These are studied in a manner that enables students to appreciate that human society is directly linked to the environment. It also promotes a critical awareness of a diversity of cultural perspectives and that appreciation of these is needed at both a local and global scale.


Although the course is not completely science based, many experiments are conducted using biological, chemical and physical techniques. The results are then used to analyse concepts being studied. Students are expected to design experiments, record and process data, evaluate results and draw conclusions. The personal skills of working cooperatively, safely and ethically are also addressed.  In addition to experimental work, students carry out computer modelling, role-play scenarios and fieldwork. Hong Kong is a wonderful place for doing this as it has such a great variety of different habitats.


Group 5: Mathematics

Mathematics: Analysis and Approaches

This course is designed for students who enjoy developing their mathematics to become fluent in the construction of mathematical arguments and develop strong skills in mathematical thinking. They will explore real and abstract applications, sometimes with technology, and will enjoy the thrill of mathematical problem solving and generalisation.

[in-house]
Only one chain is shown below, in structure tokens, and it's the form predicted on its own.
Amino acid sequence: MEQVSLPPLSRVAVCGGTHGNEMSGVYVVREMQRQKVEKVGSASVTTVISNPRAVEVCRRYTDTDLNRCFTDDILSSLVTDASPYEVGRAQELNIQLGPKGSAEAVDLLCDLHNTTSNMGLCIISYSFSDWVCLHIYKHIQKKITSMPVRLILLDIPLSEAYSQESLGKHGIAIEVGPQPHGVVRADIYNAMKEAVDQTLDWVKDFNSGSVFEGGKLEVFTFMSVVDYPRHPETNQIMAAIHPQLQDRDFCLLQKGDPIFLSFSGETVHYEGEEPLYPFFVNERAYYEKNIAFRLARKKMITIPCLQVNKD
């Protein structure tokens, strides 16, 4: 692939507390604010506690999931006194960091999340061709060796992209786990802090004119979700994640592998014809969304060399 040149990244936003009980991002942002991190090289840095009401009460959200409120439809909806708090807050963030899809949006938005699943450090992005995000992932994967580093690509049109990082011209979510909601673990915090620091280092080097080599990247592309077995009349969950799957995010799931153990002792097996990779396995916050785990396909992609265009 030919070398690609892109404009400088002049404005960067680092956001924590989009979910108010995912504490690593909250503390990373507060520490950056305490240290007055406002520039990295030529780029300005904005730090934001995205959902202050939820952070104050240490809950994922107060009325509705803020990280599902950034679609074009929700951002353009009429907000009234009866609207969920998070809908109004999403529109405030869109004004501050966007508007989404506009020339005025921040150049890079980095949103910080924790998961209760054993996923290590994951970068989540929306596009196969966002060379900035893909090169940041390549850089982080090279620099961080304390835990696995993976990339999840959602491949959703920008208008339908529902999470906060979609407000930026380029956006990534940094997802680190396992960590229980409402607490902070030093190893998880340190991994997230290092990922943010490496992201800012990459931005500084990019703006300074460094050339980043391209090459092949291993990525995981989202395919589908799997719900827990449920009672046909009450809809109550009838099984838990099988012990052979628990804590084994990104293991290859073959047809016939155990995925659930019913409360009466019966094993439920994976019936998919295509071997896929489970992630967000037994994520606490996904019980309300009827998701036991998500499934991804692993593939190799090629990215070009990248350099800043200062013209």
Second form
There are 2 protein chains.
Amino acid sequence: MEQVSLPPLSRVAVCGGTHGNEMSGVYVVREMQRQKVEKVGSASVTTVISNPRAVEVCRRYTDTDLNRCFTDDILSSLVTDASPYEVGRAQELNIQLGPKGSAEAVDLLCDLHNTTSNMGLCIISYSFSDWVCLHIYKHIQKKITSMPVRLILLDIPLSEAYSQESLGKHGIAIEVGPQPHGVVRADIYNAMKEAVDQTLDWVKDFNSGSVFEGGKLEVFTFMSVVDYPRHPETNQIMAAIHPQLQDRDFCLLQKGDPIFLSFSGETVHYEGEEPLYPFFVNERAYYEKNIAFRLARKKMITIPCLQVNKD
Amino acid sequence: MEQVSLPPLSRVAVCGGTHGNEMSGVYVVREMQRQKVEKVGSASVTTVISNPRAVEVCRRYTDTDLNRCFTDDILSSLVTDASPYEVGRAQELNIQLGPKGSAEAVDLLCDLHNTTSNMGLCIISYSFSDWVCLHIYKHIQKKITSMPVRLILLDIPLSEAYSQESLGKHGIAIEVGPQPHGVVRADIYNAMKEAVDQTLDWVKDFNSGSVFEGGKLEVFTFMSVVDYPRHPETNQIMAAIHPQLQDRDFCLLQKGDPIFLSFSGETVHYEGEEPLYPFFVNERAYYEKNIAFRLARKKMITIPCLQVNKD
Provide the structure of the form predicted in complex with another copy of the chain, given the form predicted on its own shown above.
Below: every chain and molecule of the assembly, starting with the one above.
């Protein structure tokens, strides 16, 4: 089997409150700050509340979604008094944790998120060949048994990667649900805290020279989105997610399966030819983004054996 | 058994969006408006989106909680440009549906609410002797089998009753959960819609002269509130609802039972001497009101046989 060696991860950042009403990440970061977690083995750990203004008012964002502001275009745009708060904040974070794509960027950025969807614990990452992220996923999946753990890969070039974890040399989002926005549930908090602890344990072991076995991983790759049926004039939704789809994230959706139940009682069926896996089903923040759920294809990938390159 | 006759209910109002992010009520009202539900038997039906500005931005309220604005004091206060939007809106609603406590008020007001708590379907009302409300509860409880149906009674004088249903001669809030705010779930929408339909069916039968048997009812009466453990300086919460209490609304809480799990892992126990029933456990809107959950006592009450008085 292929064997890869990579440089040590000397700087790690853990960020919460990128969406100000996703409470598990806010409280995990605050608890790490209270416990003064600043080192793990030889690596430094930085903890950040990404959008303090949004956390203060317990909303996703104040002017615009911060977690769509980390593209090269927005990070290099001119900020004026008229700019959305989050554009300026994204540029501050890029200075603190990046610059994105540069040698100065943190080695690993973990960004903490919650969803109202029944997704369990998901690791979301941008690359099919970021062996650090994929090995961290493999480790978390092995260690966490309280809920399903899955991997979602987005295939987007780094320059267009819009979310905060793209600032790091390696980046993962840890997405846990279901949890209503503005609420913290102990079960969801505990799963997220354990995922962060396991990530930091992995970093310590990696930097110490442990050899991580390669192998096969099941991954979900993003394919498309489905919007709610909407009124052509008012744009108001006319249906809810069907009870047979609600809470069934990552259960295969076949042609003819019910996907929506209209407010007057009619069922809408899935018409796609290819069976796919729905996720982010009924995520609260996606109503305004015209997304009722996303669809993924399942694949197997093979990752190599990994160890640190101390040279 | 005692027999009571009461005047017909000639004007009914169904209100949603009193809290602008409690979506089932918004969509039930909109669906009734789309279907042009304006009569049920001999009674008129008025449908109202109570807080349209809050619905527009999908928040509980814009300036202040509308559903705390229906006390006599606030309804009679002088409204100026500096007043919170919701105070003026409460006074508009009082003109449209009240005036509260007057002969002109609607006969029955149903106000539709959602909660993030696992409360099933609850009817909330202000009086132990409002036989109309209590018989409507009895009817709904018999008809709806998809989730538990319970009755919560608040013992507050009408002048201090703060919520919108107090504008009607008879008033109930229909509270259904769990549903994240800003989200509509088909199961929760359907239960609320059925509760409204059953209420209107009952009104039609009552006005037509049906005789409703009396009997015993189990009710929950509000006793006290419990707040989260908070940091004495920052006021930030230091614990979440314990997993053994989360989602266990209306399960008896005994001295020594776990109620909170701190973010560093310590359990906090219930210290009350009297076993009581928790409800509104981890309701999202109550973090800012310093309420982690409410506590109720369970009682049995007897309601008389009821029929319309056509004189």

The internally assessed component, the Exploration, constitutes 20% of the final grade. It gives students an opportunity to develop and apply mathematics to an area that is of particular interest. The Exploration also provides students with opportunities to increase their understanding of mathematical concepts and processes, and develop a wider appreciation of mathematics.


In the SL course, the remaining 80% of the final grade is made up of two 90-minute examination papers, each worth 40% of the overall grade. The first paper will be non-calculator; the second will require the use of a graphical display calculator.


In the HL course, the remaining 80% of the final grade is made up of three examination papers.  These include two 120-minute examination papers, each worth 30% of the overall grade. The first paper will be non-calculator; the second will require the use of a graphical display calculator.  The third paper, lasting one hour, will test problem solving and sustained reasoning.

Mathematics: Applications and Interpretations

This course is designed for students who are interested in developing mathematics for describing our world, modelling and solving practical problems using the power of technology. The course is best suited for students who enjoy mathematics most when used in a practical context.